Celebrating John Cage
Have you noticed how everybody wants to be different but nobody wants be odd? Call a friend unique and they'll like you all the more, tell them that they're odd and you'll be deleted from their life. The truth is most people don't want to be different - they want to be the same, but better.
I like odd people. Quirky types, eccentrics, twitching academics, people who are not in sync with the rest of the world but not against it either, people who are just doing their thing. People like the late musician John Cage (1912-1992).
Cage was a Category A odd-ball. When everybody turned left, his instinct was to veer right, not for effect or attention or to elevate himself, just because turning right would have felt like the thing to do. He was a great and influential musician who made music from life, not to accompany it. He was the man behind 4'33'' - a timeframe in which to listen, a piece of infinitely varying incidental music that the anit-X Factorers tried to manipulate to number one spot in the UK charts last Christmas under the banner of Cage Against the Machine.
I don't think John Cage would have approved. The implicit point being made by the Cowell-knocking PR campaign was anything is better than a Simon Cowell promoted number one: even silence. But 4'33'' is not a piece of post-modernist irony, it is not about silence, it's about the music of real life. Cage once said that, "the sound experience I prefer to all others is the experience of silence". It is only when all is quiet that your aural senses can at last have a bit of "me time".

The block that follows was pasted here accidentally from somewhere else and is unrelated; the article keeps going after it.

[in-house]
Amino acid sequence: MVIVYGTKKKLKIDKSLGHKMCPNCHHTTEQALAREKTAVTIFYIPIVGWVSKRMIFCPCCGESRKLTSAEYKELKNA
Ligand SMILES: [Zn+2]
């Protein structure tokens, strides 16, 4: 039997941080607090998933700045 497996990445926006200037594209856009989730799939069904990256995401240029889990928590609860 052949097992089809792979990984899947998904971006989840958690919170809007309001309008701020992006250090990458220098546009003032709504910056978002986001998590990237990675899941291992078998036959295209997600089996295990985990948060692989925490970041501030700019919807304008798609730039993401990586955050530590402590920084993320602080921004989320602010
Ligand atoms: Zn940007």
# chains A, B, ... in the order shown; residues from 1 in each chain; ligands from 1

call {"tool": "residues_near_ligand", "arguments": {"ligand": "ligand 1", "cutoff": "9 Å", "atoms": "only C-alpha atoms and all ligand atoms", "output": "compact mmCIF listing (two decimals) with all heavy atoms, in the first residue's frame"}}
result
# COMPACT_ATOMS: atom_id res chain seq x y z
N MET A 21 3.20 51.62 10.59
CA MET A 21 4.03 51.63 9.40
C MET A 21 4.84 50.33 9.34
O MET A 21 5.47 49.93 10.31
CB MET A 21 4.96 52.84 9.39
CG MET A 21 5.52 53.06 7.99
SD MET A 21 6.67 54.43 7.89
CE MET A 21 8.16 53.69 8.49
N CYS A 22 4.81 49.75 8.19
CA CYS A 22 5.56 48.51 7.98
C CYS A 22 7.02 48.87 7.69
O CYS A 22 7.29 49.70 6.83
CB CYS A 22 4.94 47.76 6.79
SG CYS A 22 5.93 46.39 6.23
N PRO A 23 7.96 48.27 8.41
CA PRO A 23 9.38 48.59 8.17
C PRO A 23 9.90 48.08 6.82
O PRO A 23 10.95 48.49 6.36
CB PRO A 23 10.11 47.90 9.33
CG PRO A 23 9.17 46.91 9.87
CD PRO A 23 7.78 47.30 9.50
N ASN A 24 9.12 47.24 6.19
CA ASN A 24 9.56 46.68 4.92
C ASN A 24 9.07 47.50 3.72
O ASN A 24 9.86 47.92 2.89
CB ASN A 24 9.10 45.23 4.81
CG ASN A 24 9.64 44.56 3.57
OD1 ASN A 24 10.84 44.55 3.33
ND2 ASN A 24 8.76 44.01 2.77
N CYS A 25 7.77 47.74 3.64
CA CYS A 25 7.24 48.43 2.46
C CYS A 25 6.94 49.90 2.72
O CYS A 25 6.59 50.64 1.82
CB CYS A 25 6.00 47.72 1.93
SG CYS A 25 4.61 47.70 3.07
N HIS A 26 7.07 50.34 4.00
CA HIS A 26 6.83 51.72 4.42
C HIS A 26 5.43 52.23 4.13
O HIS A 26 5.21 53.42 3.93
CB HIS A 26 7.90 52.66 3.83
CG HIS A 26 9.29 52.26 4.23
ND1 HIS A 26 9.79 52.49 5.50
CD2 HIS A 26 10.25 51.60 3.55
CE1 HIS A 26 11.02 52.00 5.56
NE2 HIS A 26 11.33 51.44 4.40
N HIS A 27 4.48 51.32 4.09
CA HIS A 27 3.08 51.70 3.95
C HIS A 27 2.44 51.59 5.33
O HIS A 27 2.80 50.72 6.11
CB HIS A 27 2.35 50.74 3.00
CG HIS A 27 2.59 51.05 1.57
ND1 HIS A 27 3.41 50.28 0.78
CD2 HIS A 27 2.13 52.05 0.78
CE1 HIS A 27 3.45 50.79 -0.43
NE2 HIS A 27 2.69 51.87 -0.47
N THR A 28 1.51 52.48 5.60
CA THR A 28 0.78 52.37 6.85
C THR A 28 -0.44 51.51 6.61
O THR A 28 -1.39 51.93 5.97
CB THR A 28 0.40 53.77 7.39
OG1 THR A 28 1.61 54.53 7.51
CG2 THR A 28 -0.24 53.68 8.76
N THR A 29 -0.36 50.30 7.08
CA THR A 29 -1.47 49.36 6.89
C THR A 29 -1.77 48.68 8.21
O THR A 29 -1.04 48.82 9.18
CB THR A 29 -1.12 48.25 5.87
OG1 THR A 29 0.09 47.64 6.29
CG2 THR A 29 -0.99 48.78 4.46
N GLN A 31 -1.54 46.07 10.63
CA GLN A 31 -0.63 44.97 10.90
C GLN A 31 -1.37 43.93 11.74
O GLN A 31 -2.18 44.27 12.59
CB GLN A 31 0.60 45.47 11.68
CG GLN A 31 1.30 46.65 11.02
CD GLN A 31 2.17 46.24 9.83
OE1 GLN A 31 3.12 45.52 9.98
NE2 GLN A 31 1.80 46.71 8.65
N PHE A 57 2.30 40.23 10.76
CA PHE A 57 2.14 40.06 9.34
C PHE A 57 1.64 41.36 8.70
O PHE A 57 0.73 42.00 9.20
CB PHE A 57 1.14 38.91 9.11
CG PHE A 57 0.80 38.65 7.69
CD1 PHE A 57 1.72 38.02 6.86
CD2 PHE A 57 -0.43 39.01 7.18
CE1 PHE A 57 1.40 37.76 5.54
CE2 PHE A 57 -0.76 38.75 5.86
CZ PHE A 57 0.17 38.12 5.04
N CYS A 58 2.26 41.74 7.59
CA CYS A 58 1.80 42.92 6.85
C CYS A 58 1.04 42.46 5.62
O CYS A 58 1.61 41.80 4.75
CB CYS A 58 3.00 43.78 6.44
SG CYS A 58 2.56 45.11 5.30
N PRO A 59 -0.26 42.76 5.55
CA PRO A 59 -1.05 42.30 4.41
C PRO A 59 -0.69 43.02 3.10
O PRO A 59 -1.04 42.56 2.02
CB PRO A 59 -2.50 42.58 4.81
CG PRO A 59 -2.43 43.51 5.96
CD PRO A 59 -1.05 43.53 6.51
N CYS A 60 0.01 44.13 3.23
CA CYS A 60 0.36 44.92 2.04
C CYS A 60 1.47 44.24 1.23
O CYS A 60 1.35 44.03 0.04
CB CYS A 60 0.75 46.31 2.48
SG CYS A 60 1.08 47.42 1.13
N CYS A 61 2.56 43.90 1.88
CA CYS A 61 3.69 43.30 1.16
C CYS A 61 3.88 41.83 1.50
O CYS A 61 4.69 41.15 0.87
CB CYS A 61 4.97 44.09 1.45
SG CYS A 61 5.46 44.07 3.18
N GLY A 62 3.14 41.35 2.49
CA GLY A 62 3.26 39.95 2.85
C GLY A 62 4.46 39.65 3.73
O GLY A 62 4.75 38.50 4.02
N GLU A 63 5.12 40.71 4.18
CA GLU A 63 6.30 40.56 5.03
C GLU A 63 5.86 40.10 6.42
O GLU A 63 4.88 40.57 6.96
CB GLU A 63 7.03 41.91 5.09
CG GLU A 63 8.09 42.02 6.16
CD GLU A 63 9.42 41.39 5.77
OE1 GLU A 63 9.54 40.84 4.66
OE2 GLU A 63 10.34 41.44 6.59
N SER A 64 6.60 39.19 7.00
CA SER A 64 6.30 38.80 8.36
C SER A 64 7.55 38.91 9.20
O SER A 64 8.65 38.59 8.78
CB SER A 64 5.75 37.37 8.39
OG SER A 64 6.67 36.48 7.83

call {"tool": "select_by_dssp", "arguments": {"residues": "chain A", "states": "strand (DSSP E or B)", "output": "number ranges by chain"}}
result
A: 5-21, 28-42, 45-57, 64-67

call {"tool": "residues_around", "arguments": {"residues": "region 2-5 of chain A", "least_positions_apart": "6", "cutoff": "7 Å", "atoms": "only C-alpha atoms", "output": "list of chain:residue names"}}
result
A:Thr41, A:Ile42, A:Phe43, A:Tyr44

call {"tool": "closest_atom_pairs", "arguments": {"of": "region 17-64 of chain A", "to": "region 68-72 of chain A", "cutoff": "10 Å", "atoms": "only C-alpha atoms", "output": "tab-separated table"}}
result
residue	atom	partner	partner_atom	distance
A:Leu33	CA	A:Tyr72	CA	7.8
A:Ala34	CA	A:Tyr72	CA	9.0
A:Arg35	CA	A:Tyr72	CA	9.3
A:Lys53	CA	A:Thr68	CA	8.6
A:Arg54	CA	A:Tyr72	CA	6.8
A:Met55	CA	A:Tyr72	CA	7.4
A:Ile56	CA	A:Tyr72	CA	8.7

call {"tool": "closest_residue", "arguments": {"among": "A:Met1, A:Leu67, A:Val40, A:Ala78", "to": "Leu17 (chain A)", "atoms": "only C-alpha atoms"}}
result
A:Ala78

When Cage was taken away with that exhilarating feeling of freedom we all get on high days and holidays, when the iPod gets cranked up a notch or two, and a favourite piece of music transports us to somewhere sublime, he would not bother with manufactured music, but simply turn up his ears and listen harder to the noises around him.
He was less interested in formal music, which he likened to talking, "I don't need sound to talk to me", but liked the "activity of sound". Sound that doesn't mean anything other than it is proof of a life-force. So, someone dropping a pan, or a busy motorway or a random act of noisemaking by a horse bolting though a city was music to Cage's ears.
On Saturday a new exhibition opens at the De La Warr Pavilion in Bexhill-on-Sea, Sussex, called, John Cage: Every Day is a Good Day. It will be the first of many such exhibitions over the next 12 months, marking the centenary of the modernist master's birth. The show will include a reprisal of his whimsical 1948 piece, Suite for Toy Piano by Margaret Leng Tan who you can see on YouTube playing Eleanor Rigby on the instrument. She knew Cage and worked with him before he died. Her point - and his point - is that the toy piano has the potential to be a real instrument, that anything has the potential to be musical, especially silence.
John Cage was odd. Fabulously so.